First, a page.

Why do people do bad things at work? A recent paper out from Andrew Lo, a finance professor at MIT's Sloan School of Management, suggests it might be a lot more about the corporate culture than the individuals themselves.
A new report from the Massachusetts Institute of Technology (MIT) is faulting the U.S. government for failing to maintain and grow its investments in basic scientific research, even as European and Asian nations are dramatically increasing their research and development (R&D) spending. Andrew Lo, a finance professor at the MIT Sloan School of Management and one of the report's authors, says the cutbacks in basic research could have a high cost in both national prestige and long-term economic opportunity.
In a New York Times profile published last Thursday, former Yale Investments Office analyst Zhang Lei GRD ’02 SOM ’02 chronicled his journey from interning under Swensen to managing one of the world’s most successful firms, Hillhouse Capital Group. The firm, which Zhang founded in 2005, now controls over $18 billion... MIT Finance professor Andrew Lo ’80 said that leveraging the skills and investment knowledge present in the alumni community is not a new phenomenon. “I think it is an advantage because alumni are quite loyal to the university so they have additional motivation for participating in supporting the endowment activity,” Lo said. “We have seen this not only at Yale, but at other universities as well, where if you look at the investment committee of endowments, they are populated with alumni who are talented in the investment industry and are willing to give their services and expertise.”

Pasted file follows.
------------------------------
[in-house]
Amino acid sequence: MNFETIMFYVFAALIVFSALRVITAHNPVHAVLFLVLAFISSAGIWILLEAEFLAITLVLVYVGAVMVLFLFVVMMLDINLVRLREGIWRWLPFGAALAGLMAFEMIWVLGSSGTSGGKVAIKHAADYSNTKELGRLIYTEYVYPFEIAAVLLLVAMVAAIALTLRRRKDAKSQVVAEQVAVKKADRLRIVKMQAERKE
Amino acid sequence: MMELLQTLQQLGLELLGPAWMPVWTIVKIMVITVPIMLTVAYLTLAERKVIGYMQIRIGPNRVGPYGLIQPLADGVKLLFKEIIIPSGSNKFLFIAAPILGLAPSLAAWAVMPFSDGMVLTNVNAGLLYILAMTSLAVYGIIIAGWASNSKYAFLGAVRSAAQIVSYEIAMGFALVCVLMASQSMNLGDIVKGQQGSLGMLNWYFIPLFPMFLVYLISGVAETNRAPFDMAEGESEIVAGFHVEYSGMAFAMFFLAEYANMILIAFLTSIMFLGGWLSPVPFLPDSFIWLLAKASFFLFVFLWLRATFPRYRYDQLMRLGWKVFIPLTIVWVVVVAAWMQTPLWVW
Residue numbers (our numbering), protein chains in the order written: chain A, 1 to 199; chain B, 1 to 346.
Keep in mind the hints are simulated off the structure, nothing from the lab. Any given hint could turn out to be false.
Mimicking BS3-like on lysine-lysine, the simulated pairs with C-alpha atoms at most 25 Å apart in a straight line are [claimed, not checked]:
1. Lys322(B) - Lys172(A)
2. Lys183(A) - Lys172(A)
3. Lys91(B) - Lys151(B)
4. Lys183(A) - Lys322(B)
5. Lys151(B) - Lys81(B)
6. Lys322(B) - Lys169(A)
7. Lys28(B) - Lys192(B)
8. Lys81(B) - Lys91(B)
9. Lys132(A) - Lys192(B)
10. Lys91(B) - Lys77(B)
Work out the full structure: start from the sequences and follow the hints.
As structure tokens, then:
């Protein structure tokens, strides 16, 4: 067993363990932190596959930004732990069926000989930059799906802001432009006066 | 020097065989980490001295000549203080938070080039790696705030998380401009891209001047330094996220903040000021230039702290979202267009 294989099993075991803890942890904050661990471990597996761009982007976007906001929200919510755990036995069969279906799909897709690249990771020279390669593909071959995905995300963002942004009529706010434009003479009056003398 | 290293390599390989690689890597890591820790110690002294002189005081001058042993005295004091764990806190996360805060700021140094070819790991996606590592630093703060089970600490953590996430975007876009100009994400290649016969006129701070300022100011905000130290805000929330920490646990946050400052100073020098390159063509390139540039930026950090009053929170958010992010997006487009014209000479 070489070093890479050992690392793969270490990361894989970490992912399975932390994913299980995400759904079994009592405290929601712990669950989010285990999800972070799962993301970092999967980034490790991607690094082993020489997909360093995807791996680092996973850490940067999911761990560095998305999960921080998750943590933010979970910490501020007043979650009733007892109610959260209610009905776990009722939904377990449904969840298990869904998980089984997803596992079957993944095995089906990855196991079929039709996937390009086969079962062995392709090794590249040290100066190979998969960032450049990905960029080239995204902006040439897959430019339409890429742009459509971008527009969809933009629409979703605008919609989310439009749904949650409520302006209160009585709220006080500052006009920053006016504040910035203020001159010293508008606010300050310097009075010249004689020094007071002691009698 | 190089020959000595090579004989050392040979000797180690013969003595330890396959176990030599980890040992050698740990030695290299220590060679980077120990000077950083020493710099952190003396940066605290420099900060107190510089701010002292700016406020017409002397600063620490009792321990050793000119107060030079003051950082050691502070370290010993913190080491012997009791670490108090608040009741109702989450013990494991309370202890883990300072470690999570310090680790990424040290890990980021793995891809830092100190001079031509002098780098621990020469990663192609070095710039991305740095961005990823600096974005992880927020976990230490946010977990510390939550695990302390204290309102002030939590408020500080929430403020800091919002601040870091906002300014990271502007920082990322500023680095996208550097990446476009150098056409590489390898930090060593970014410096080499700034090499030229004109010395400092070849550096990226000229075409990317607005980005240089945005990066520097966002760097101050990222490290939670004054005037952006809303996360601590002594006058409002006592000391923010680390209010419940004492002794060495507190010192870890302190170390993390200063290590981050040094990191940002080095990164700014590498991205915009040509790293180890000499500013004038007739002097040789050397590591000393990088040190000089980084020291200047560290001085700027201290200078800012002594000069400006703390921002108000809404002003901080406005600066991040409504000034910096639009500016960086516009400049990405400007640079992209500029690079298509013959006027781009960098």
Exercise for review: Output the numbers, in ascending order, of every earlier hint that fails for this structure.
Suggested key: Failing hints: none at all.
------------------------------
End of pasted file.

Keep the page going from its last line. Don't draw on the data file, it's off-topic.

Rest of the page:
“Smart beta” funds are trying to outsmart your active manager. But individual investors who are drawn to them should also make sure they don’t get outsmarted themselves... “Smart beta is often accompanied by dumb sigma,” [Professor Andrew Lo] says, meaning additional risk that is unnecessary and which investors may not be rewarded for. “When you have multiple sources of beta, you also have multiple sources of risk. Illiquidity risk, for example, can often be a companion to smart beta.”
Freezing rain is falling on the sidewalks at Vanguard Group’s sprawling suburban campus outside Philadelphia, but it doesn’t slow down company founder John C. “Jack” Bogle as he hustles from his office to the cafeteria for lunch. A slew of money managers and academics—Robert Arnott of Research Affiliates, for example, and Andrew Lo at AlphaSimplexGroup—say they’re building on what Bogle created.
For the first time since 2002, Yale is no longer the second wealthiest institution of higher education in the nation. While some experts interviewed said Yale’s drop in rankings is not a cause for concern, others argued that large, public institutions may increasingly challenge private universities when it comes to endowment size. “Yale is still a dominant force in the endowment world,” Massachusetts Institute of Technology finance professor Andrew Lo ’80 said. “Texas is a very big state and there is lots of opportunity to grow their asset base, while Yale is in the midst of using funds for new buildings — it is all part and parcel of that dynamic.”
For years, Brad Margus has juggled two goals as chief executive: Make money, and find cures for his children. He just co-founded a startup, Exigence Neurosciences Inc., in part to seek treatments for his two sons who have ataxia-telangiectasia or A-T, a rare progressive and eventually fatal neurological disease... “The amount of money needed to develop a single drug is so much more than what pure altruism can fund,” says Andrew Lo.
When trying to understand how the market is working, we should think not only of bulls and bears, but also of dodos. Our aversion to risk comes from the deep biological imperatives that have allowed humans to avoid extinction. Any theory of markets must take account of this.
That, at least, is the radical prognosis of Andrew Lo, of the MIT Sloan school of business, who has for years worked on an ambitious project to apply biology to finance. His latest paper, published with several colleagues, provides mathematical equations to show how risk-averse behaviour is necessary for survival. That means that investors in markets will take risk-averse actions rather than the purely rational decisions that economists have classically assumed.